2020 will see some significant changes to New York Employment laws. Here's what you need to know:
1. NYS MINIMUM WAGE
Effective December 31, 2019, the minimum wage for upstate New York increases to $11.80 per hour for most workers, and $13.75 per hour for fast food workers. The minimum wage for New York City and Westchester, Suffolk and Nassau Counties is higher.
Effective December 31, 2019, the minimum cash wage for tipped food service employees in upstate New York is $7.85 per hour, with a tip credit of $3.95 per hour. The minimum cash wage and tip credit for New York City and Westchester, Suffolk and Nassau Counties are higher.
2. NYS MINIMUM SALARY FOR EXEMPT EMPLOYEES
Effective December 31, 2019, the minimum salary for exempt executive and administrative employees in upstate New York increases to $885.00 per week. The minimum exempt salary for New York City and Westchester, Suffolk and Nassau Counties is higher.
3. NYS PAY HISTORY LAW
Effective January 6, 2020, employers are prohibited from requesting an applicant’s or employee’s pay history, and from basing employment decisions on pay history.
4. NYS PAID FAMILY LEAVE
The following changes in the NYS Paid Family Leave Law take effect January 1, 2020.
- The paid leave period is unchanged at 10 weeks per year.
- Employees taking Paid Family Leave will receive 60% of their average weekly wage up to a cap of 60% of the current Statewide Average Weekly Wage ($1,401.17). The maximum Paid Family Leave weekly benefit for 2020 will increase from $746.41 to $840.70.
- The employee contribution rate is .270% of an employee’s gross wages each pay period (capped at the Statewide Average Weekly Wage). An employee’s maximum annual contribution is $196.72.
- Effective January 1, 2020, Paid Family Leave has been extended to cover farm laborers.
5. NYS HUMAN RIGHTS LAW CHANGES
Several significant changes to the New York Human Rights Law take effect in 2020.
- All non-disclosure agreements included in employment agreements entered into on or after January 1, 2020, must allow the employee to speak with law enforcement, the EEOC, the Division of Human Rights, any local human rights commission, or an attorney retained by the employee.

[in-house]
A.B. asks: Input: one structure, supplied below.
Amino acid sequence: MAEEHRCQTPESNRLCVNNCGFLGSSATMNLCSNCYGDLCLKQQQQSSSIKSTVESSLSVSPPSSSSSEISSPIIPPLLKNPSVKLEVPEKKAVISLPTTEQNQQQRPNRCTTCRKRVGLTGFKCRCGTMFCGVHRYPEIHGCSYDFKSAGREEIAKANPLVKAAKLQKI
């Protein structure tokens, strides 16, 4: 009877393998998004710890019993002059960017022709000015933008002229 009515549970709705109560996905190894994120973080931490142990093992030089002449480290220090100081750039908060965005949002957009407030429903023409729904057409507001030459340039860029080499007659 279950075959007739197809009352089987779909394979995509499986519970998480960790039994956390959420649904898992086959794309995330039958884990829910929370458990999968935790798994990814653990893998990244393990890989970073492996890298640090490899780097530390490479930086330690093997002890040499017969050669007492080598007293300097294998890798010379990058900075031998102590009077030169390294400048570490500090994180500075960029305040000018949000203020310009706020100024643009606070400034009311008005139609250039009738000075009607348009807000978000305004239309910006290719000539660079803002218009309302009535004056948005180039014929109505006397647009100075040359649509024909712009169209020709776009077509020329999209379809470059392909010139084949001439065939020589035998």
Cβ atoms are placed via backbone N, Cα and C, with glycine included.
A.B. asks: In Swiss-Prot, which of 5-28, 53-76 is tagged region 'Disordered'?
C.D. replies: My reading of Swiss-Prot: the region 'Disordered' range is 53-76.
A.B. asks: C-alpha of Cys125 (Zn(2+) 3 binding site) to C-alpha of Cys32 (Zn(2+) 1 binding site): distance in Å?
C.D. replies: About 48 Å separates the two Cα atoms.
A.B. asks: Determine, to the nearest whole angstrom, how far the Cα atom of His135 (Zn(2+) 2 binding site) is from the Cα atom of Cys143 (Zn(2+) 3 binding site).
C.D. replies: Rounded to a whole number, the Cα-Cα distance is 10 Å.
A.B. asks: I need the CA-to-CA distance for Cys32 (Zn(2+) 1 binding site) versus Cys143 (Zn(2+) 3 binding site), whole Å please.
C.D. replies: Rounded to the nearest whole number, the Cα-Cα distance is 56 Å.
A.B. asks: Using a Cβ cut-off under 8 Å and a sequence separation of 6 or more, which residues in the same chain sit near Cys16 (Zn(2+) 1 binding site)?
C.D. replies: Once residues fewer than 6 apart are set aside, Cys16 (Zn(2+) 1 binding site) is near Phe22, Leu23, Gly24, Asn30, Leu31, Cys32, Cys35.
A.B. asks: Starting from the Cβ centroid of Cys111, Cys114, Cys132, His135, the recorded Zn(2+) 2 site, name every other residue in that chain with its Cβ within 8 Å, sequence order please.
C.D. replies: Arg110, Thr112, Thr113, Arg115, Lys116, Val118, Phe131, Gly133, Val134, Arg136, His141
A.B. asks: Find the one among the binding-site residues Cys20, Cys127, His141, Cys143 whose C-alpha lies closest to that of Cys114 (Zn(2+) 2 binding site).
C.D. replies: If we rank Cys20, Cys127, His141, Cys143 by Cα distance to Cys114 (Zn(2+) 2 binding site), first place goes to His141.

- The Human Rights Law previously applied only to employers with four or more employees. Effective February 8, 2020 this threshold is eliminated and it will apply to all employers.
- Effective August 12, 2020, the limitations period for filing a sexual harassment complaint with the Divison of Human Rights is increased from one year to three years.
In addition to the above 2020 changes, other significant changes to the Human Rights Law took effect in the last half of 2019.
- The definition of “race” now includes “hair texture and protective hairstyles.”
- Employees must be provided with a sexual harassment prevention policy at the time of hire, and at every annual training.
- The legal standard for proving sexual harassment was eased.
- Nondisclosure agreements in the settlement of any discrimination claim are prohibited, unless it is the claimant’s preference to have one.
- It is no longer a defense to a harassment claim that the employer used reasonable care to prevent and correct harassing behavior, and the claimant unreasonably failed to take advantage of these mechanisms.
- Nonemployees, including independent contractors and vendors, are protected from all discrimination.
- Prevailing claimants in administrative proceedings and court proceedings can now recover punitive damages and attorneys’ fees.
- Mandatory arbitration agreements for discrimination claims are prohibited, except where inconsistent with Federal law.
6. NYS EQUAL PAY LAW
- In October 2019 New York’s Equal Pay Law was amended to apply to all protected classes under the Human Rights Law (not just sex), and by lowering the burden of proof.
7. NEW YORK CITY CANNABIS TESTING
- Effective May 10, 2020, most employers in New York City will no longer be able to conduct pre-employment testing for cannabis. Exceptions include positions requiring Federal drug testing, testing for a CDL, medical positions, and law enforcement.
- Even though this law applies only in New York City, it is likely that a similar law will eventually apply to the entire state.
A number of new employment laws take effect in New York in 2020.